XML.com: XML From the Inside Out
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GovTrack.us, Public Data, and the Semantic Web
by Joshua Tauberer | Pages: 1, 2, 3

XML has been good for the job, but when you put lots of XML files together, you don't immediately get something special out of it — code has to be written. And so GovTrack has a way to browse bills by the subject terms assigned to the bills.

But I got an email the other day asking for legislation that falls into two categories, and I needed a way to write a simple query over the data, looking for bills that matched both subject terms. The simplest thing to do might have been to write a program that evaluates an XPath expression over each bill file:

count(bill/subjects/term[@name = "Medical care"]) > 0
and count(bill/subjects/term[@name = "Illegal aliens"]) > 0

Sure, that would have gotten the job done. But if I stuck with XPath for all of my querying needs, I'd be very limited in the types of queries I could run over the data. An XPath expression really can involve only one document, which is to say that the types of questions one can ask with XPath are whether or not a document matches an expression, and that match depends on the document itself. (True you can use the document() function to cross documents, but only if you can get the name of the file.)

If tomorrow someone asks me for a list of bills that Bill Frist and John Kerry voted differently on, I'll be stuck. Each roll call vote file looks something like this:

<roll where="senate" year="2005" roll="00230">
    <question>On the Motion (Motion To Table)</question>
    <voter id="300001" vote="+"/>
    <voter id="300002" vote="+"/>
    <voter id="300003" vote="+"/>
    <voter id="400546" vote="-"/>
    ...
</roll>

The names of the senators aren't in the file, so the first step would be to look up the IDs of Frist and Kerry. Then, iterate through the bill XML files, open up the related vote file for each, and finally use an XPath (or even XQuery) expression to test the vote file to see if the votes differed.

Or what if someone wants to know whether the votes on a bill were correlated with the representative's age, amount of campaign contributions, or geographic location of his or her district? Better yet, what about the question of whether the board of directors of Disney made contributions to representatives introducing legislation about copyrights? GovTrack has all of this information (it's all public information downloadable from the Census, Federal Election Commission, and Securities and Exchange Commission). When we can ask these types of questions easily, things start to get much more interesting.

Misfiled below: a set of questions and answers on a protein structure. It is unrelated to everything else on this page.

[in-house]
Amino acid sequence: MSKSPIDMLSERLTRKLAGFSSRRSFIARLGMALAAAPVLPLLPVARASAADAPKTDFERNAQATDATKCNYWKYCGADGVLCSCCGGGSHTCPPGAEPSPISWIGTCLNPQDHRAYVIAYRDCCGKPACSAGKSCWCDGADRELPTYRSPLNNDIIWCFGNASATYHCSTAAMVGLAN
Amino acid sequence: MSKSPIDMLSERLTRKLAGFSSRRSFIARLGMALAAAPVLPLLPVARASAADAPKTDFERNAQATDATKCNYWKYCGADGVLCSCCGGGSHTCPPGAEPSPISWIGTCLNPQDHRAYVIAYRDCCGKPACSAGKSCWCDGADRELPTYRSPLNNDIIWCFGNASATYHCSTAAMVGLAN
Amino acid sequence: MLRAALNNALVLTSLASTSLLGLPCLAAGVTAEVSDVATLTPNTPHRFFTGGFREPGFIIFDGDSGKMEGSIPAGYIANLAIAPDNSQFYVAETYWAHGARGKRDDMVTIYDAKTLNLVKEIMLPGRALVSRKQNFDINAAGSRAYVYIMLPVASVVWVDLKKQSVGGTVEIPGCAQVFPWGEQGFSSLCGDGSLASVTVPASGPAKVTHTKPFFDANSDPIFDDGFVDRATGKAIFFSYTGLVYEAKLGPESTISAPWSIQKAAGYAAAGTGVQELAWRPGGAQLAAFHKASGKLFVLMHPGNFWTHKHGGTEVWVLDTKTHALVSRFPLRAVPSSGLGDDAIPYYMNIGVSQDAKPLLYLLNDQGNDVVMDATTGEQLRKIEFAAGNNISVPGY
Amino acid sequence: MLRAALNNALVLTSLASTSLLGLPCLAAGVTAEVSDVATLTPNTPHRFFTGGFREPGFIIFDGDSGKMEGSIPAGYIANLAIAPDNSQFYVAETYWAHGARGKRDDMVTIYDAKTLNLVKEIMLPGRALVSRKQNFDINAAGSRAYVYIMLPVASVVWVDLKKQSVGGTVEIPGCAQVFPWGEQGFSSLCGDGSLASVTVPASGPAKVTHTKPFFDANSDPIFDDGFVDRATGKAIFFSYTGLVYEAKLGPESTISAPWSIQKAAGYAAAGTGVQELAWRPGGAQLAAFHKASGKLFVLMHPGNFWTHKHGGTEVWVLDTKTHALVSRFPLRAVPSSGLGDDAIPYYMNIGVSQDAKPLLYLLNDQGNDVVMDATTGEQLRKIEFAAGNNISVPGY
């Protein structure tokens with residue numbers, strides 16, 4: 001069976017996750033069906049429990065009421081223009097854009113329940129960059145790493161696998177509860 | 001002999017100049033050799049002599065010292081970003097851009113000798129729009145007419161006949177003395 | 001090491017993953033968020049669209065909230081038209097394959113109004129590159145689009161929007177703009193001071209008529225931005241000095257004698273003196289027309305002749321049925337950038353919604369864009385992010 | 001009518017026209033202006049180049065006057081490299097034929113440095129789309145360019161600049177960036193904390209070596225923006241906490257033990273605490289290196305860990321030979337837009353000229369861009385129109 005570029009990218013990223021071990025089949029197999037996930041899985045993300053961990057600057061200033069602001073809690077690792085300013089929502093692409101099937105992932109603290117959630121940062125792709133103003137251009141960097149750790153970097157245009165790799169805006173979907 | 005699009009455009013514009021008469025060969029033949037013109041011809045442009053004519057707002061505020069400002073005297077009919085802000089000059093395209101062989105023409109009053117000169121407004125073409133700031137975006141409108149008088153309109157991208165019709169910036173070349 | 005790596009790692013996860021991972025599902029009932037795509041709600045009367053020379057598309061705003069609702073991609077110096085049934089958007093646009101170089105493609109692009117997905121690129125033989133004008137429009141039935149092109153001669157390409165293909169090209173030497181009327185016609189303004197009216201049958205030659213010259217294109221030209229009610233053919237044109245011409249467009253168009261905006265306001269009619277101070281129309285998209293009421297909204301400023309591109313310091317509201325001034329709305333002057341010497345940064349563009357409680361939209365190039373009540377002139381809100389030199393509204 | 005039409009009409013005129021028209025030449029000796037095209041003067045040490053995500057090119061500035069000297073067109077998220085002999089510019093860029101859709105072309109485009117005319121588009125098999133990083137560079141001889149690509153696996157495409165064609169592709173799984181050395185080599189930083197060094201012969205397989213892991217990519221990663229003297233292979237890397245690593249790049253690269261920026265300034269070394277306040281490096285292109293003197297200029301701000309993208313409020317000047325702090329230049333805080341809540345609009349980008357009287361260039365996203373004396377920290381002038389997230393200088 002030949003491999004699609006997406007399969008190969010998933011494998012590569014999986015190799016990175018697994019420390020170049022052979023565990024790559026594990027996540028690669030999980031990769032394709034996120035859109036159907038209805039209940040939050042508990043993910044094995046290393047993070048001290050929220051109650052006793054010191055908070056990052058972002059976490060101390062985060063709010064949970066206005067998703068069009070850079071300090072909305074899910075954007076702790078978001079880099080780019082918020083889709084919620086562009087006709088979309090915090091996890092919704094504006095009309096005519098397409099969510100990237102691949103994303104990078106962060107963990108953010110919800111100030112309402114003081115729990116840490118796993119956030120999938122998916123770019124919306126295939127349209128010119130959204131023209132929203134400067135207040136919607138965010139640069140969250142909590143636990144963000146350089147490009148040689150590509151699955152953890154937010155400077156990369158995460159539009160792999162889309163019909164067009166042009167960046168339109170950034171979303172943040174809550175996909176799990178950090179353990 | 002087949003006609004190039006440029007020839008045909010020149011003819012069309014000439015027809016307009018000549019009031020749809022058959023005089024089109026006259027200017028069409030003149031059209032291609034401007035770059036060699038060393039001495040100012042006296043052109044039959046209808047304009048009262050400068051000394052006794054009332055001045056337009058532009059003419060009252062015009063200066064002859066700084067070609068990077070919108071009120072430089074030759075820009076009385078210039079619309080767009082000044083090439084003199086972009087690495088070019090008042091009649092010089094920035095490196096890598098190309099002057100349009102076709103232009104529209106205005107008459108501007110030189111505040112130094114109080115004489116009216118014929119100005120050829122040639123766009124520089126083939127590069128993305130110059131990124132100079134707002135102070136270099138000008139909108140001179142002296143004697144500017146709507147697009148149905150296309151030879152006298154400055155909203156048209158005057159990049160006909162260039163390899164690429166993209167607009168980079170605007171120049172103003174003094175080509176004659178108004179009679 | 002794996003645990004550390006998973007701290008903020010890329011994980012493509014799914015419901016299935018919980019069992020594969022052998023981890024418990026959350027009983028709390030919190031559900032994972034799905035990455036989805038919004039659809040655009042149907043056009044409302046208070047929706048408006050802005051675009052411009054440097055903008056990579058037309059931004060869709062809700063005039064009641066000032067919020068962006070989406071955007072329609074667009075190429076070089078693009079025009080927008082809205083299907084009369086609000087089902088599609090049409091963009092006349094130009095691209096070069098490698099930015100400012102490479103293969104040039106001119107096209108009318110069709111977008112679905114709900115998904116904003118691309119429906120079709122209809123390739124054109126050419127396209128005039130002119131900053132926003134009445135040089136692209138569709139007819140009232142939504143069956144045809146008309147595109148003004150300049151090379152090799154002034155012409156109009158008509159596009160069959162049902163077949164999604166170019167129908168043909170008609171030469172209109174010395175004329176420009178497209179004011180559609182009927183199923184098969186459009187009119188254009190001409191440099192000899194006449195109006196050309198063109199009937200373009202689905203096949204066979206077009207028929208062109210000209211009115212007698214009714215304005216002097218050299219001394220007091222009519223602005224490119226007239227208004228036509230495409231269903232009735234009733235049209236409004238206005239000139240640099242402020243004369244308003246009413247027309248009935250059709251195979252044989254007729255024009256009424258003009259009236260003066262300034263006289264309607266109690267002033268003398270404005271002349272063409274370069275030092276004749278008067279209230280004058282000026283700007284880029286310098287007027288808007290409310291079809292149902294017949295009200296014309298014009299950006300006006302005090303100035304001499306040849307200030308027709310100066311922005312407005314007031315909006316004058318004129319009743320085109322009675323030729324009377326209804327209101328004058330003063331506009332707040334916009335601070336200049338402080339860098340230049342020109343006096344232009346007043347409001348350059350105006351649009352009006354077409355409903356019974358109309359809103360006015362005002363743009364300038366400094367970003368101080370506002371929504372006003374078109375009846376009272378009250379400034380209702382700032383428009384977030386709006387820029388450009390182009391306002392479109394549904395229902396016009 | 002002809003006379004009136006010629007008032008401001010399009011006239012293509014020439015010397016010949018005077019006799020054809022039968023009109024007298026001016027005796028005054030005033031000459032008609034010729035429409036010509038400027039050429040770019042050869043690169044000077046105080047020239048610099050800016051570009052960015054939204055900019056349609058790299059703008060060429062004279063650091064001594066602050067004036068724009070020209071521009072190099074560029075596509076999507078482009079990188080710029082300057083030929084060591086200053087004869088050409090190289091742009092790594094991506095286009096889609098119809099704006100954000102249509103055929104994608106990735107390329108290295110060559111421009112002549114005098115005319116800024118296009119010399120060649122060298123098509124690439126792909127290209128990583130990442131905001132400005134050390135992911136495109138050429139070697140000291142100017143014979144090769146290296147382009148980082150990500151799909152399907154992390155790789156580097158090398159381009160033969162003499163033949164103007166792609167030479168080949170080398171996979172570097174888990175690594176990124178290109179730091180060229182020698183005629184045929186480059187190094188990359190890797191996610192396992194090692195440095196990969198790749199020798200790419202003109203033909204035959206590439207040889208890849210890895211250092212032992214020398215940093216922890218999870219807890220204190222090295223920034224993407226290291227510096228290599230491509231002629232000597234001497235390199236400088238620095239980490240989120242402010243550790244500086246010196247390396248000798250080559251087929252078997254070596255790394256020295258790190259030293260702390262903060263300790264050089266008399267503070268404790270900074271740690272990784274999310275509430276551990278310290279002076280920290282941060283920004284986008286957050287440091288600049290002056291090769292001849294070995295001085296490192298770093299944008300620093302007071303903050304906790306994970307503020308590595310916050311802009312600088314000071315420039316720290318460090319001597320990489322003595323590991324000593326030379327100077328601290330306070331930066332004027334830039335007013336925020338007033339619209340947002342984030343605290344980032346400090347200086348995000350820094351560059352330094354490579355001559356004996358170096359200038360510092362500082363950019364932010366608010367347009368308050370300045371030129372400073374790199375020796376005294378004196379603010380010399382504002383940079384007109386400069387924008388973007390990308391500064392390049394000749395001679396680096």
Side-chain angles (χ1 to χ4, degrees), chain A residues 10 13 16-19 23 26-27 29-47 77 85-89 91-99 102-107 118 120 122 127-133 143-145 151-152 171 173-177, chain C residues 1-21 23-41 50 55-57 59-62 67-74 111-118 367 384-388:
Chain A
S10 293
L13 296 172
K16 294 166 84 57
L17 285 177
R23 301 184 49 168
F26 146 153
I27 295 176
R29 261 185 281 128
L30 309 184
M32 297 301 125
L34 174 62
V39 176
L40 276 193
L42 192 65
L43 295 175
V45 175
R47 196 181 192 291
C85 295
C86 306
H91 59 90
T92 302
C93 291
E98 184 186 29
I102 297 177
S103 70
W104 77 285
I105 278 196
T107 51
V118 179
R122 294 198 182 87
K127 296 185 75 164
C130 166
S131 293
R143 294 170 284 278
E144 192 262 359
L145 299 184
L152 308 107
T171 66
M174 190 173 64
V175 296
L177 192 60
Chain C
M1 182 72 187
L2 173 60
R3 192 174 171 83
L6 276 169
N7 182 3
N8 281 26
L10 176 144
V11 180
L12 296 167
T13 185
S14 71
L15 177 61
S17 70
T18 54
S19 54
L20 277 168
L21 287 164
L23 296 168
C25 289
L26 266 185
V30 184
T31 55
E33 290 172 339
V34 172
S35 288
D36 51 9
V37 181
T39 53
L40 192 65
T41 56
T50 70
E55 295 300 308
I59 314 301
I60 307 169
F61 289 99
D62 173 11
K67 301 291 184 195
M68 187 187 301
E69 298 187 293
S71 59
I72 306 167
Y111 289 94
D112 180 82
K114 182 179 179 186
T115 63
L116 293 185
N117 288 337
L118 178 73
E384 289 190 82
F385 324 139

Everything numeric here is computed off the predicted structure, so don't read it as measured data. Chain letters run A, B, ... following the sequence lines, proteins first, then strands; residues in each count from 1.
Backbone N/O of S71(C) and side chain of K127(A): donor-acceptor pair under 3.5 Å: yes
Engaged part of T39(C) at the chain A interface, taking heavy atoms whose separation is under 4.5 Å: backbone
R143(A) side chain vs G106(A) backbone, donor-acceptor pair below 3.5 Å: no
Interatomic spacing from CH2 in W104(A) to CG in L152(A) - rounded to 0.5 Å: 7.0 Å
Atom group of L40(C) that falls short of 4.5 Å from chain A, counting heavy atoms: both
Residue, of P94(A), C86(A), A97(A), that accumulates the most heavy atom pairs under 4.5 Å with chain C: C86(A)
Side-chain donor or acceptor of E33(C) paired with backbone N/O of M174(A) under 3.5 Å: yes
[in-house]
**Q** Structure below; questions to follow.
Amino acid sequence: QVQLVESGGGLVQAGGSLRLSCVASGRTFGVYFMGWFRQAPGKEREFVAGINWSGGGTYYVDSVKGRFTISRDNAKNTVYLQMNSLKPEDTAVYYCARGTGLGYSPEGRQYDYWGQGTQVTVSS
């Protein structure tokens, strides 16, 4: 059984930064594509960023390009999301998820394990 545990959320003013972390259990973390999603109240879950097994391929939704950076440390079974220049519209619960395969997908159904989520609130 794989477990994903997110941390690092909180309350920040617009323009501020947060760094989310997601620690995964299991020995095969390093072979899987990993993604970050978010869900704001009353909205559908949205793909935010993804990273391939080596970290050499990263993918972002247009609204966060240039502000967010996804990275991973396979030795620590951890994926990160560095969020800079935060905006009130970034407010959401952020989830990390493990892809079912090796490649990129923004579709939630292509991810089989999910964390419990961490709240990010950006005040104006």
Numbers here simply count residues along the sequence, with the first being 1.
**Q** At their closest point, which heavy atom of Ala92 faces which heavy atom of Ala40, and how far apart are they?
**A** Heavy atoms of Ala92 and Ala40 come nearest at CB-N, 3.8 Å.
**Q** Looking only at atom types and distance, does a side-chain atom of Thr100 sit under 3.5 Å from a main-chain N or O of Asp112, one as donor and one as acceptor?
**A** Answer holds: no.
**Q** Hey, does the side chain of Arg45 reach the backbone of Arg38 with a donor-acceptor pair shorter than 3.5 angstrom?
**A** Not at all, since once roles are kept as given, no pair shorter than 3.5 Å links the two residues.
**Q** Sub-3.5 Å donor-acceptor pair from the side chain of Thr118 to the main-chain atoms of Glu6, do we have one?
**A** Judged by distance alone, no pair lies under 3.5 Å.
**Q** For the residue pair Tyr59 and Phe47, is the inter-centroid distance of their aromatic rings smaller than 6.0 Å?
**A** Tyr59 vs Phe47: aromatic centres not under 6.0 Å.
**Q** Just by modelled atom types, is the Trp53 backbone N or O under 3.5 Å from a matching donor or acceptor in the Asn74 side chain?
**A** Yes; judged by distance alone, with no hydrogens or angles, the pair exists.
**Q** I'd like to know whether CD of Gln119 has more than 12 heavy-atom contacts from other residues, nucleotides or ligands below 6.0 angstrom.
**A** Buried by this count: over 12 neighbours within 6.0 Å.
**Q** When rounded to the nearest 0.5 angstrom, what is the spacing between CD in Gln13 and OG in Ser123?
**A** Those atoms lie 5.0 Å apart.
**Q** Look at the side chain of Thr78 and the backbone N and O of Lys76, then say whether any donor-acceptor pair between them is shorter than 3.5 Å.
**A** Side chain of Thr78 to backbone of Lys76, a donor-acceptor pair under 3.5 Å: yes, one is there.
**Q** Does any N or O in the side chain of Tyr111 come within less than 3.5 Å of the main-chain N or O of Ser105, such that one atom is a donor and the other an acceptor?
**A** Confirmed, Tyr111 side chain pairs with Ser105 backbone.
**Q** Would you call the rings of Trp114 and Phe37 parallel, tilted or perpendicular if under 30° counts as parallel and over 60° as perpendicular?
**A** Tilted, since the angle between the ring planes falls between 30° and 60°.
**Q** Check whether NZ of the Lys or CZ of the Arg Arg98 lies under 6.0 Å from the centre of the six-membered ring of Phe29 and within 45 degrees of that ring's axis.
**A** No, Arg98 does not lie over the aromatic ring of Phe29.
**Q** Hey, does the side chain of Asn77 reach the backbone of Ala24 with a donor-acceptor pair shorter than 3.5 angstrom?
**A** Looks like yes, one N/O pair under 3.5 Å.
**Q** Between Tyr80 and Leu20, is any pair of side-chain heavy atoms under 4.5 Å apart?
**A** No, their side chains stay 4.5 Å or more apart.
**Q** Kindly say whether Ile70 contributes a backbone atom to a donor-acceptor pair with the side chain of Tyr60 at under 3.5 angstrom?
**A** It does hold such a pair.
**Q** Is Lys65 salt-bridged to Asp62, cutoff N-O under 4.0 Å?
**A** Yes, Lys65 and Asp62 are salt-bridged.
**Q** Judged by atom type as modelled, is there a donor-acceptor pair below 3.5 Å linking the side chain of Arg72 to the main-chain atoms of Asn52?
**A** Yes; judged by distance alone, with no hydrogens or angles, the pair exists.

Here's an interesting question I can answer today with a simple query: what's the population of each senator's state? This is the query:

PREFIX dc:  <http://purl.org/dc/elements/1.1/>
PREFIX foaf:  <http://xmlns.com/foaf/0.1/>
PREFIX pol: <tag:govshare.info,2005:rdf/politico/>
PREFIX census: <tag:govshare.info,2005:rdf/census/>

SELECT ?name ?statename ?population WHERE {
  ?person foaf:name ?name .
  ?person pol:hasRole
      [ pol:forOffice [ pol:represents ?state ] ] .
  ?state dc:title ?statename .
  ?state census:population ?population . }

This is a SPARQL query that results in a table of the names of senators and the corresponding state and population. SPARQL is a new query language over information in RDF. Not to make a shameless plug, but I really recommend reading my own introduction to RDF. It goes beyond the old notion of RDF as an XML metadata format. RDF is more commonly thought of today as a general method for knowledge interchange. And for more about SPARQL itself, I recommend Leigh Dodds' SPARQL tutorial on XML.com, Introducing SPARQL: Querying the Semantic Web.

You can play around with queries over GovTrack's data here, but I don't want to talk about SPARQL in this article. I just wanted to show that the types of questions we can ask can easily grow in complexity and "interestingness" using RDF. No XPath or XQuery query is going to be nearly so concise for those questions.

Of course it's possible to do this with XML rather than RDF, and the difference is just in where the effort must be applied to get the data sources to link together. In XML, the burden is on the person with the query to figure out how the elements and attributes in one XML file relate to the elements and attributes in another. Glue-code has to be programmed to mesh the data. With RDF, the burden is on the people with the data to ensure that their identifiers for things overlap with other data sources. The difficulty in RDF is more of a design decision, and design decisions are tough too. But one of RDF's advantages in meshing disparate data is that the hard work is done once by the people who know the data best, rather than repeated by each programmer that has a new query to make.

Pages: 1, 2, 3

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